- Counseling is not required, and more importantly, lack of counseling should not deter a woman from becoming vaccinated. (ACOG Practice Bulletin, March 4, 2021)
[10 MIN READ]
Updated: August 20, 2020
Navigating the ever-changing landscape surrounding the coronavirus pandemic is keeping everyone on their toes. Healthcare administrators and provider inboxes are packed with notifications and updates. We are all trying to sort through what is pertinent to hands-on patient care while doing our due diligence to remain up to date and well informed.
Early pandemic guidelines were based on expert opinion with little evidence to support recommendations. As the pandemic wears on and high-quality evidence becomes available, new recommendations will evolve supporting standardization of practice. While keeping current can seem daunting, it remains crucial for the safety of both you and your patients that you continue to do your best to remain knowledgeable and informed. The Centers for Disease Control (CDC) and the American College o Obstetricians and Gynecologists (ACOG) offer ongoing updates; patient handouts are available on these sites as well.
Provided here is a brief synopsis of newer updates (July/August 2020) specific to COVID and the obstetric population.
[9 MIN READ]
Updated: March 18, 2020
Working on the front lines of an obstetric unit is fraught with vulnerability and uncertainty during these early stages of the unprecedented COVID-19 pandemic. Your obstetric team has never before been so codependent in maintaining safety for you and your entire community. Arming yourself and teammates with the most current knowledge will help to keep you, your family, and your patients as safe as possible.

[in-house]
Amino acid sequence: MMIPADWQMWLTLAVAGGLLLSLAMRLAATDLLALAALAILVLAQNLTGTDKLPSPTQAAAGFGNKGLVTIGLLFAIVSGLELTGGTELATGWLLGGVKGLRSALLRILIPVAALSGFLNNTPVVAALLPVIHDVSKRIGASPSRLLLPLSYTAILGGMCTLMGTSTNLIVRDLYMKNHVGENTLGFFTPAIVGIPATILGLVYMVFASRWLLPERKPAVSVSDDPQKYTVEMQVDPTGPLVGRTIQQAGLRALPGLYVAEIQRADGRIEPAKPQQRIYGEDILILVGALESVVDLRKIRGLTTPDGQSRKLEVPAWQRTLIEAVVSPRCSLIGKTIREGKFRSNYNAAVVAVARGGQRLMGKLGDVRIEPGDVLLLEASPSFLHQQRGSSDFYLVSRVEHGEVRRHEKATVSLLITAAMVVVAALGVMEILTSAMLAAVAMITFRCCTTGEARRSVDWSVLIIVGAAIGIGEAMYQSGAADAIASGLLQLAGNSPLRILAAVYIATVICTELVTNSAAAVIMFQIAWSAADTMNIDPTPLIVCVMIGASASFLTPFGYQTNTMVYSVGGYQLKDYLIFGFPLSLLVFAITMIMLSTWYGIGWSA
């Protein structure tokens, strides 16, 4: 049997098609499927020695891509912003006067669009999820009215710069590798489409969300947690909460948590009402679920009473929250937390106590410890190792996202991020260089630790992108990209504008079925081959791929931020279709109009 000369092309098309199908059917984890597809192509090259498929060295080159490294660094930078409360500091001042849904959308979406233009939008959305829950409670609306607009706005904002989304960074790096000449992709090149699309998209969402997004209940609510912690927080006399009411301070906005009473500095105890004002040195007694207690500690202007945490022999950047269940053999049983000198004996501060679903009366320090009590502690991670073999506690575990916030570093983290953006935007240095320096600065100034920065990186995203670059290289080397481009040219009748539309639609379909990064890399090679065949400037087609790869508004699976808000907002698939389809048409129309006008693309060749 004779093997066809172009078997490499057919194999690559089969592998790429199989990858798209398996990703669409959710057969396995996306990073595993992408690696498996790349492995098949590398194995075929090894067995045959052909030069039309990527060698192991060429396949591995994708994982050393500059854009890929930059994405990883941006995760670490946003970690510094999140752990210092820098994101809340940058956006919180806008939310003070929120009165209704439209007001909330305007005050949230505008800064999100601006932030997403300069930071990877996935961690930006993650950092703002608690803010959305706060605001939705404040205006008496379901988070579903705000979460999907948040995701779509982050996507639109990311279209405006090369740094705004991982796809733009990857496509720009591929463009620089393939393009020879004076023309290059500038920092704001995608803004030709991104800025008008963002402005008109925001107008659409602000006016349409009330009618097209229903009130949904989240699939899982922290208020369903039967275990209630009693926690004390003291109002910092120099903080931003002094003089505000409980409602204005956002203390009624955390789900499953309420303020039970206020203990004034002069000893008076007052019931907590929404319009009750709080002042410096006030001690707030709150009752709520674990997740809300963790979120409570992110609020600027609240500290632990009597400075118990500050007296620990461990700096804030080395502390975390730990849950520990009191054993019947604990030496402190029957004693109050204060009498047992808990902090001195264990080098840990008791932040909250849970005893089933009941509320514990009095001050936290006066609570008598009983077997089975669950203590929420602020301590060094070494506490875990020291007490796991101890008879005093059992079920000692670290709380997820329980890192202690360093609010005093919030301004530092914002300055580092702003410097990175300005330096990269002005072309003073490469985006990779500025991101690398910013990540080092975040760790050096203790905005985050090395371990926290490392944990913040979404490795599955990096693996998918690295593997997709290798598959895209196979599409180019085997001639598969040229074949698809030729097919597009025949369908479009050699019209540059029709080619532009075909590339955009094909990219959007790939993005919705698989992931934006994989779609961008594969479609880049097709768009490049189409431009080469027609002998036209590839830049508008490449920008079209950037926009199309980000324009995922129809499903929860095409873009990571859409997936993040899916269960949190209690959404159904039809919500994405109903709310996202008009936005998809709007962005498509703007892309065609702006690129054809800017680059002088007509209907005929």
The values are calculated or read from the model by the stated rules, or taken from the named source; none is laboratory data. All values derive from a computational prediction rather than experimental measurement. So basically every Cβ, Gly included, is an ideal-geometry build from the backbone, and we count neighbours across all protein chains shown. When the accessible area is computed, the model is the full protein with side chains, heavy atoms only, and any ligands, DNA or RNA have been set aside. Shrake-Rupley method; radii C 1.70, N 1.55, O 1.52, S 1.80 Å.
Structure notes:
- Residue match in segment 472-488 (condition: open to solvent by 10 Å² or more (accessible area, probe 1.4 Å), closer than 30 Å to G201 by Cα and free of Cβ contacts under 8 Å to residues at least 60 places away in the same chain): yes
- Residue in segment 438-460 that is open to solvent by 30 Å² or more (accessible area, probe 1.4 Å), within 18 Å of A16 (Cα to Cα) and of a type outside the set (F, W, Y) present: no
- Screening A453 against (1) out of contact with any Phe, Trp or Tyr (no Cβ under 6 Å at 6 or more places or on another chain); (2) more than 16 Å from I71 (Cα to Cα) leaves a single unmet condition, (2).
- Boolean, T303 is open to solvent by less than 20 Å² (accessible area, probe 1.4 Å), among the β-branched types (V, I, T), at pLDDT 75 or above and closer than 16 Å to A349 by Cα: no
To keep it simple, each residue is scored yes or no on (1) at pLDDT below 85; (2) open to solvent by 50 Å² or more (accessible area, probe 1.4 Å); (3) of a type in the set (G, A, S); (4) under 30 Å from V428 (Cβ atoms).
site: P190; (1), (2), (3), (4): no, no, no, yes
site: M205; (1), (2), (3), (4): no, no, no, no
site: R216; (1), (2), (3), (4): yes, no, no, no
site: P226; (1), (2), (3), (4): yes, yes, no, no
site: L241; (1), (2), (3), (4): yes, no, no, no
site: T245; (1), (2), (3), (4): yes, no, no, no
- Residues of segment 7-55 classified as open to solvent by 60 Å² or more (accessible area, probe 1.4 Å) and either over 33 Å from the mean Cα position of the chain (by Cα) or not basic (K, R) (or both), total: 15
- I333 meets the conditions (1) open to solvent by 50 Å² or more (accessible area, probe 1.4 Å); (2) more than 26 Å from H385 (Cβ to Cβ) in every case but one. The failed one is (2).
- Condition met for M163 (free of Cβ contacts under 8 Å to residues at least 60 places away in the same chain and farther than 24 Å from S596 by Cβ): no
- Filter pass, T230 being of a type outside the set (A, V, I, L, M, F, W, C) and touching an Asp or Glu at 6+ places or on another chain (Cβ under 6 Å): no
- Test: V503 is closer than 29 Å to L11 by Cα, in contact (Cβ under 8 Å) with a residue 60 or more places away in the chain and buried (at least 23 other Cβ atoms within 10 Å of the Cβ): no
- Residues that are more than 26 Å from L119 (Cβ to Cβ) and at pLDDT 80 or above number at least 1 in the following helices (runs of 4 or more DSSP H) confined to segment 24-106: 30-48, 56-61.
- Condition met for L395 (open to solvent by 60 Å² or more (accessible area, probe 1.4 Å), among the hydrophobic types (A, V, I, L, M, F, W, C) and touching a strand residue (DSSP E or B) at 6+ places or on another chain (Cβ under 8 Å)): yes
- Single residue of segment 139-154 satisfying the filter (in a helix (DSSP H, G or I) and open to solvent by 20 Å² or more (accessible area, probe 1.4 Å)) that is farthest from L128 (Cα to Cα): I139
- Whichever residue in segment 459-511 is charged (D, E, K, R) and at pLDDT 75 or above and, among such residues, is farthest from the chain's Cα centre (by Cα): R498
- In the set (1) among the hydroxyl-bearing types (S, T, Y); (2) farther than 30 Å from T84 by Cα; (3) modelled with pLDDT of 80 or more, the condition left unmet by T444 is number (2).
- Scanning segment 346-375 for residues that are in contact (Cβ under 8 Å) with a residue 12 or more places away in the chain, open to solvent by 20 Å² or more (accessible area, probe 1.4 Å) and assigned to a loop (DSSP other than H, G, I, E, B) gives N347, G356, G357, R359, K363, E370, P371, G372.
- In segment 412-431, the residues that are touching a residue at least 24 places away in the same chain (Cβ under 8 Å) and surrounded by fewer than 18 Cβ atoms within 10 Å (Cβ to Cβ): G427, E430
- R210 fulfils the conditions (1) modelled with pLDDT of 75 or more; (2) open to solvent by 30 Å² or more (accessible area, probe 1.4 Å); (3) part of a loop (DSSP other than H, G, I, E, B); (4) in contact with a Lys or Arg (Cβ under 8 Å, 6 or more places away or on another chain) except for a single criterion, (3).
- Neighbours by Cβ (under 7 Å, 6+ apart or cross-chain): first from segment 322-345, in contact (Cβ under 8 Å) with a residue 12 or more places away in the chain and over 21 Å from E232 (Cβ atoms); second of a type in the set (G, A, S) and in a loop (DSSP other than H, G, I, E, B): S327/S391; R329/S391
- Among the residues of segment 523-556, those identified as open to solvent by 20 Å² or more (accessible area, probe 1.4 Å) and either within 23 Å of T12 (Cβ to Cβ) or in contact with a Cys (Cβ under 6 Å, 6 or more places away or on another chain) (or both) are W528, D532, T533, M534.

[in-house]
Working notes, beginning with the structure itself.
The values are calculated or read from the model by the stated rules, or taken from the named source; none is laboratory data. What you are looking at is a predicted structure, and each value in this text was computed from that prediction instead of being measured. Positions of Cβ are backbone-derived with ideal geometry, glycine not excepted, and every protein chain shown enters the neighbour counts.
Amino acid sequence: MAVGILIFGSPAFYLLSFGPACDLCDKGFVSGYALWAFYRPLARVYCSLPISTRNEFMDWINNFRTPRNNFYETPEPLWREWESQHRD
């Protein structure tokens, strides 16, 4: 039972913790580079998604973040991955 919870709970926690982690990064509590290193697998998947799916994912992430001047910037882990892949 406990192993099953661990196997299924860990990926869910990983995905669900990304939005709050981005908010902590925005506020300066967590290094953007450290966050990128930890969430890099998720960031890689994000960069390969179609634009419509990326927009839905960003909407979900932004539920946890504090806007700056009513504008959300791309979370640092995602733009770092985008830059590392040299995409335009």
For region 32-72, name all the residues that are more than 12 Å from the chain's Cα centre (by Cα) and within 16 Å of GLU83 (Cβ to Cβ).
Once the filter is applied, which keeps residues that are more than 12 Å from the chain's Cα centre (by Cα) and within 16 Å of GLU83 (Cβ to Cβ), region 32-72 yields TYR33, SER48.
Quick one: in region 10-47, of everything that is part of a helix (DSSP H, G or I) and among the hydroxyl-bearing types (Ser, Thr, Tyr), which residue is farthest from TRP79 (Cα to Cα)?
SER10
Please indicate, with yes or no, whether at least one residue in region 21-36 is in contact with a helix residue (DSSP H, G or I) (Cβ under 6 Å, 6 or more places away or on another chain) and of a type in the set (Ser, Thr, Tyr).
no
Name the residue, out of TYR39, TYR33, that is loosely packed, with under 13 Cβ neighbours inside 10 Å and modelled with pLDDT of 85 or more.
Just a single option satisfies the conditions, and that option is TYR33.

Since much is unknown about the novel coronavirus, review of daily updates and evolving information from our health experts is important. Staying knowledgeable and well-informed will require ongoing review of CDC updates and government notifications, as well as guidelines from our own health professionals like AWHONN and ACOG. All healthcare providers and frontline OB staff should work together to help ensure that everyone is practicing using the most current information. Teamwork along with shared learning will help everyone stay informed.
To keep yourself and your obstetric peers current on COVID-19, The Sullivan Group is providing this summary of recent information from the CDC and ACOG (last updated March 18, 2020).
[6 MIN READ]
Is there really such a thing as a normal day on the OB unit? Highly doubtful. Unpredictability and uncertainty loom from the beginning of your shift to the end. But what if you could achieve some control over your day and try to decrease both your personal stress level and the stress of those in your immediate environment? While keeping your day 100% stress-free may not be possible, at least lowering the stress level for yourself and others is achievable and can help you to maintain stellar composure through the most grueling of patient scenarios.